FIGURE 2. Effect of drought stress on (A) plant height/plant, (B) tillers/plant, (C) grain yield/plant, and (D) straw yield/plant. Values are means ± SD.


FIGURE 3. Effect of drought stress on (A) harvest index/plant, (B) total biomass/plant, (C) 1,000-grain weight, and (D) grain length. Values are means ± SD.

Overall, TPP were not significantly affected under drought stress except for Kashmir Basmati, while a few of the GSR lines showed increased TPP under drought (Figure 2B). GY is the most important agronomic trait of economic importance, and drought stress affected the GY in most genotypes except NGSR-15 and NGSR-18 (Figure 2C). Under drought stress, maximum GY was reported by NGSR-15 (90.7 g) and the minimum by NGSR-3 (48.6 g). Among the checks, IR-64 showed the maximum GY−1 (53.1 g), whereas the minimum was shown by the drought-sensitive NIAB-IR-9 (16.8 g). All the GSR lines (except NGSR-3) demonstrated higher grain yield than the check varieties; even the drought-sensitive NGSR-3 accounted for higher grain yield than the sensitive check NIAB-IR-9 (Figure 2C). These results suggested that the grain yield of GSR lines was less affected by drought stress compared with local checks.

SY was generally increased in most GSR accessions along with two check varieties IR-64 and Kissan Basmati under drought stress (Figure 2D). The maximum increase in SY was observed in NGSR-15, NGSR-6, NGSR18, and NGSR-12. However, NGSR-3, Kashmir Basmati, and NIAB-IR-9 showed a decrease in SY under drought. It is noteworthy that SY was only decreased in the most drought-sensitive GSR line and checks, thus, it is considered an important trait for drought escape at the flowering stage. This is because plants tend to continue their vegetative stage bypassing the flowering stage until they got favorable conditions.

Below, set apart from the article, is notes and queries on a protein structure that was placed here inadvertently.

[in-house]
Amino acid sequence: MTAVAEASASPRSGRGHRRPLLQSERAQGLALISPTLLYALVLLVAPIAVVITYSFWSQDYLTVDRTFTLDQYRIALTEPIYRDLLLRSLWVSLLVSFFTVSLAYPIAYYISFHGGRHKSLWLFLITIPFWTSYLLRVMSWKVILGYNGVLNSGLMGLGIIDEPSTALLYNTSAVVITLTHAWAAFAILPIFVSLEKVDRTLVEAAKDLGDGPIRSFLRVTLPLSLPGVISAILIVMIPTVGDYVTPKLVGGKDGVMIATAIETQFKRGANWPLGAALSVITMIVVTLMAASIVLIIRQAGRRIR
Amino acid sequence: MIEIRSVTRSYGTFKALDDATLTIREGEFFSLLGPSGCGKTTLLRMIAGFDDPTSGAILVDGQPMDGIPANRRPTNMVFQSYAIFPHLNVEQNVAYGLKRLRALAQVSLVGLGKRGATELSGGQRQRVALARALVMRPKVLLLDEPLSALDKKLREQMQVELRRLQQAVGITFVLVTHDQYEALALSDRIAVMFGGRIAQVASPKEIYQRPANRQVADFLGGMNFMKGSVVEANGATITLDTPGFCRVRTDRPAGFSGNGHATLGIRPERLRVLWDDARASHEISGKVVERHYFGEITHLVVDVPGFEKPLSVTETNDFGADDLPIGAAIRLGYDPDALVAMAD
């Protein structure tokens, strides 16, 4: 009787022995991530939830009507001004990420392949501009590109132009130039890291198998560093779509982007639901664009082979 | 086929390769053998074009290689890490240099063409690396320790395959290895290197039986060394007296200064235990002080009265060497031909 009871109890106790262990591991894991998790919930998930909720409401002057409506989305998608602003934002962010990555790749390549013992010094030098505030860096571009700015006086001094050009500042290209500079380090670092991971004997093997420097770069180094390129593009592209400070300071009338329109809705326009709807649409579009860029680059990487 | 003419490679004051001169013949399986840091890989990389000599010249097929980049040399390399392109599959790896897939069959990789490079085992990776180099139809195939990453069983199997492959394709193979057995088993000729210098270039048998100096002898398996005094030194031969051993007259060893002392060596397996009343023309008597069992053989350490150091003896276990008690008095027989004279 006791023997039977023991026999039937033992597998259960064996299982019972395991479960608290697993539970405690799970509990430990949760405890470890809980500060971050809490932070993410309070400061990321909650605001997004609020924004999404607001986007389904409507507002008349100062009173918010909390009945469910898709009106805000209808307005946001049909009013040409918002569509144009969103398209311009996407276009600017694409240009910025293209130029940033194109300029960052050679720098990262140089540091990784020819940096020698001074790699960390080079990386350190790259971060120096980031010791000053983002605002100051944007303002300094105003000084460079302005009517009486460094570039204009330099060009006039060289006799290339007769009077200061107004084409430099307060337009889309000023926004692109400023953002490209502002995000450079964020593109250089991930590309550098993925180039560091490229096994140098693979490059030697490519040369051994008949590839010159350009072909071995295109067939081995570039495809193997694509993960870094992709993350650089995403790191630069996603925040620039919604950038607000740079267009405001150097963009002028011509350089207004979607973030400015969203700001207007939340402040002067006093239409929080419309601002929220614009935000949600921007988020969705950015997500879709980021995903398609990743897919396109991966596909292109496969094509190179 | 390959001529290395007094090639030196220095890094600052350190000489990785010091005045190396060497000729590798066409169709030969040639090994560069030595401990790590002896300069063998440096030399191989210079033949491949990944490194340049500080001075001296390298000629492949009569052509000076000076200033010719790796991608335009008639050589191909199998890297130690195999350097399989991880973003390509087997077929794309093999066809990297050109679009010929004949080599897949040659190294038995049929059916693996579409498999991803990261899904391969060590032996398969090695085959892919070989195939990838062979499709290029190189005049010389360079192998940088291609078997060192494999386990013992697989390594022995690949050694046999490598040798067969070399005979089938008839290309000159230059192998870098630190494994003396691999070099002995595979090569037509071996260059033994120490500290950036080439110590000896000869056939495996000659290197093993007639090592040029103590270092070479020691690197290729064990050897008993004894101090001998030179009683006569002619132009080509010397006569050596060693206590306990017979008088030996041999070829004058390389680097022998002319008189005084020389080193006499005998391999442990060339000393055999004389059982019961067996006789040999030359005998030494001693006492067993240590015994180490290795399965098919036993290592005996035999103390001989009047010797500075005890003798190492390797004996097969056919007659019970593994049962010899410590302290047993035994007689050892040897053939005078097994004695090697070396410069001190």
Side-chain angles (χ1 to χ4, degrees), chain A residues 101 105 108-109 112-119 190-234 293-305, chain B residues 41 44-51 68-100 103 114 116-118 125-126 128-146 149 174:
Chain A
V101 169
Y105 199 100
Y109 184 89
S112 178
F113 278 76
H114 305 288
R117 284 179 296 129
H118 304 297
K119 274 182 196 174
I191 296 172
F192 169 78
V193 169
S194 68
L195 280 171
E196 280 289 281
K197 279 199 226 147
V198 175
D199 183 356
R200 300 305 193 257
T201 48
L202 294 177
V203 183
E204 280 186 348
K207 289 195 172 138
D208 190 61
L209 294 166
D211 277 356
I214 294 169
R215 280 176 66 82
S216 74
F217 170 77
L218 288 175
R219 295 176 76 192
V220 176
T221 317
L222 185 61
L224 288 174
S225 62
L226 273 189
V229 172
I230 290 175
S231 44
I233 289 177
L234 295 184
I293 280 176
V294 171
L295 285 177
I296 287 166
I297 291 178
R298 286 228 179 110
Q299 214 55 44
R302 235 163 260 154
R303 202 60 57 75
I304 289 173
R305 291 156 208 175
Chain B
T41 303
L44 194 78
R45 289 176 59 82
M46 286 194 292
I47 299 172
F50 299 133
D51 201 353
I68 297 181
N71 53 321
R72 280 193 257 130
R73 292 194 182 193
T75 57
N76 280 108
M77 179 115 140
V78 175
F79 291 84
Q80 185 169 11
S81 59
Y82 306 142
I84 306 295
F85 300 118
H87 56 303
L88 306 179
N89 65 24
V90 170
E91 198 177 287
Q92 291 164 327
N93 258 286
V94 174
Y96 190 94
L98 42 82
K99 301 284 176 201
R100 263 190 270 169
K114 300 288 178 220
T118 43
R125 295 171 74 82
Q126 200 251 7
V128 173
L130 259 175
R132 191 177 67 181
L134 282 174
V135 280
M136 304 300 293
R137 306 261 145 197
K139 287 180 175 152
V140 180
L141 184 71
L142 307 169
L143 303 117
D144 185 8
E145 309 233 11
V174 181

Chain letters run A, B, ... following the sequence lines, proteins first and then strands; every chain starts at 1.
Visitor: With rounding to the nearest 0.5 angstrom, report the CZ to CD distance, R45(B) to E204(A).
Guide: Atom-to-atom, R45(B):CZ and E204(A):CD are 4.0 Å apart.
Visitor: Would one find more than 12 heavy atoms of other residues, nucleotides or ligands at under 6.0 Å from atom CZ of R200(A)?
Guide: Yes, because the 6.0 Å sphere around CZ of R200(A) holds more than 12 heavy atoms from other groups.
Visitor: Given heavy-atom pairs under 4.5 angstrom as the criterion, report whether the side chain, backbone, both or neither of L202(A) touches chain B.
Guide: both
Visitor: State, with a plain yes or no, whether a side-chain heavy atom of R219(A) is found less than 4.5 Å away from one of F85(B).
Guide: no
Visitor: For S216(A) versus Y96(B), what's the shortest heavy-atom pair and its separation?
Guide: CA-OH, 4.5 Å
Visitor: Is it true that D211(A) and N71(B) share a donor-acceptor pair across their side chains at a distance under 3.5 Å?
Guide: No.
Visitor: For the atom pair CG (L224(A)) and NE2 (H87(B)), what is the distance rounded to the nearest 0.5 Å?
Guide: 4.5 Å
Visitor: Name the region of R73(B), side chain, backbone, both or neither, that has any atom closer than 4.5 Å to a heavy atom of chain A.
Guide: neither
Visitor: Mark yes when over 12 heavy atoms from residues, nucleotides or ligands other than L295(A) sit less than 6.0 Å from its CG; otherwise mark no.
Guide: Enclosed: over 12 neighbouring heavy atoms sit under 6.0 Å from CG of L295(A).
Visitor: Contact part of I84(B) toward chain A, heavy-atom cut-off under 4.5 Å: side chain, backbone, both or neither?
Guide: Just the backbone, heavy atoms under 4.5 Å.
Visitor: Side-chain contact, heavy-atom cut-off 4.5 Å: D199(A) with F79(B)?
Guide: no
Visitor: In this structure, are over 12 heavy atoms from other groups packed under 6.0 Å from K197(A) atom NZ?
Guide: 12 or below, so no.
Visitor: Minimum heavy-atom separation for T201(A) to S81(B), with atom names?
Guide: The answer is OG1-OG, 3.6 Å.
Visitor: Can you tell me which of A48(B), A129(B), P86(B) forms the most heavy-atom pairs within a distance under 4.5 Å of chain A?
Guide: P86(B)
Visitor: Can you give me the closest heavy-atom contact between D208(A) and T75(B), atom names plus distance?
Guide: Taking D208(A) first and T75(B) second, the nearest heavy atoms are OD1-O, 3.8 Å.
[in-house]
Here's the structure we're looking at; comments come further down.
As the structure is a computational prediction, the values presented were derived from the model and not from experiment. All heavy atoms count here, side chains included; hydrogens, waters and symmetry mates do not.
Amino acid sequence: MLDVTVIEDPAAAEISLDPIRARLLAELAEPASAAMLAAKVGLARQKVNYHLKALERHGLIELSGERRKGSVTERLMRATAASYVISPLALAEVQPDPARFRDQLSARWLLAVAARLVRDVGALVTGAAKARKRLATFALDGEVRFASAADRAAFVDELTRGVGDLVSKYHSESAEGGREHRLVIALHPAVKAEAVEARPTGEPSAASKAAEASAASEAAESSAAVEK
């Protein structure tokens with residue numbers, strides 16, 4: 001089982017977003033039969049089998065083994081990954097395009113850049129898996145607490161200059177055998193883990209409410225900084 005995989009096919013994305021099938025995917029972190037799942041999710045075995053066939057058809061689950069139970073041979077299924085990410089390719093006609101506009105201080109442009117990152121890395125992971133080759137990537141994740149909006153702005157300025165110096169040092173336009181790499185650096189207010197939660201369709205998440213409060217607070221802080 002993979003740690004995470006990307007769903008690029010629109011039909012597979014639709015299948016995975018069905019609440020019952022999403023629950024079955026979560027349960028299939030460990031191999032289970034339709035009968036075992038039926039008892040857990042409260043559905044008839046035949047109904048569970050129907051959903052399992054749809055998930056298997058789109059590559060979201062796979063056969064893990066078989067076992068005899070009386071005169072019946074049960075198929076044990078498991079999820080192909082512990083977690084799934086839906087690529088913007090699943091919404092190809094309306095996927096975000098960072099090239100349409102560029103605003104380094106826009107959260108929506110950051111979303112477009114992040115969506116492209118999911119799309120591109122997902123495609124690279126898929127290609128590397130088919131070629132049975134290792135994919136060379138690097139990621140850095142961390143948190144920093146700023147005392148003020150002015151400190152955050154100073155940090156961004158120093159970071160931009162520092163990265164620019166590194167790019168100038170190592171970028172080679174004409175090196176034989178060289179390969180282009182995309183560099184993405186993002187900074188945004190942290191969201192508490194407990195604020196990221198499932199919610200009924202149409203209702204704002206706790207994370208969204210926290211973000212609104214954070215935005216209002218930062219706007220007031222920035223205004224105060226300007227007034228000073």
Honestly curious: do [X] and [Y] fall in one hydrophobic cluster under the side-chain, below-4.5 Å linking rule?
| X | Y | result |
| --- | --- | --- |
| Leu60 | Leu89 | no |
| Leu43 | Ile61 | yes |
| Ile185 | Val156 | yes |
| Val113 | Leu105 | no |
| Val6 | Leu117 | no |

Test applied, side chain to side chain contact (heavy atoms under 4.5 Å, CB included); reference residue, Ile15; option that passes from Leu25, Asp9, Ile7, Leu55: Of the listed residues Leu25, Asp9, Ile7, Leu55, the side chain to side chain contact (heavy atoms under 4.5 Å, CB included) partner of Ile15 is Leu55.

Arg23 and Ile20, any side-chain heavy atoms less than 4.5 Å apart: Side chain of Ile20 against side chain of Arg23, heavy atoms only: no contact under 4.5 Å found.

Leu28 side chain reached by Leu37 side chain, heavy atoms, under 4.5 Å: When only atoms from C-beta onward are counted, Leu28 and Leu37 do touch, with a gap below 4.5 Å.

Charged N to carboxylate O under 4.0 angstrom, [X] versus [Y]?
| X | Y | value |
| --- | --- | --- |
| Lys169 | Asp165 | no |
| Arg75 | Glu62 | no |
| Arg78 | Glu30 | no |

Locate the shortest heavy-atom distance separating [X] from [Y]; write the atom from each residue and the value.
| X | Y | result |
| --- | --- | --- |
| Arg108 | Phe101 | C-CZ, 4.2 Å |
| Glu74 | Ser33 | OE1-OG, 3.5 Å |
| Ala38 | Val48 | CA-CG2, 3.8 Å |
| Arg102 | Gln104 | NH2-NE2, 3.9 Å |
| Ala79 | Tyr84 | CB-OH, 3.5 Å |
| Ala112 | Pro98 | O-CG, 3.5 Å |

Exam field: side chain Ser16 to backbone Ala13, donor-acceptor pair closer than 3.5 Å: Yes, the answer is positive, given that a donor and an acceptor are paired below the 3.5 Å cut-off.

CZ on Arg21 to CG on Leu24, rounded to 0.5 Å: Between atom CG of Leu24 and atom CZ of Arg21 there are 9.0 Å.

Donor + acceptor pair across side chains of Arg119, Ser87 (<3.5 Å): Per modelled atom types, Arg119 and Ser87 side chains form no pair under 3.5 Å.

Generally, drought stress negatively impacted the HI in all genotypes, but the non-GSR lines showed a higher decrease compared with the GSR lines with the highest decrease observed in our drought-sensitive check NIAB-IR-9 (Figure 3A). These results suggest that GSR lines have the potential to maintain the HI under drought stress conditions (Figure 2A).

TBM was not significantly affected under drought stress except for Kashmir Basmati and NIAB-IR-9 (Figure 3B). Similarly, TGW was not significantly affected under drought stress in the tested genotypes (Figure 3C).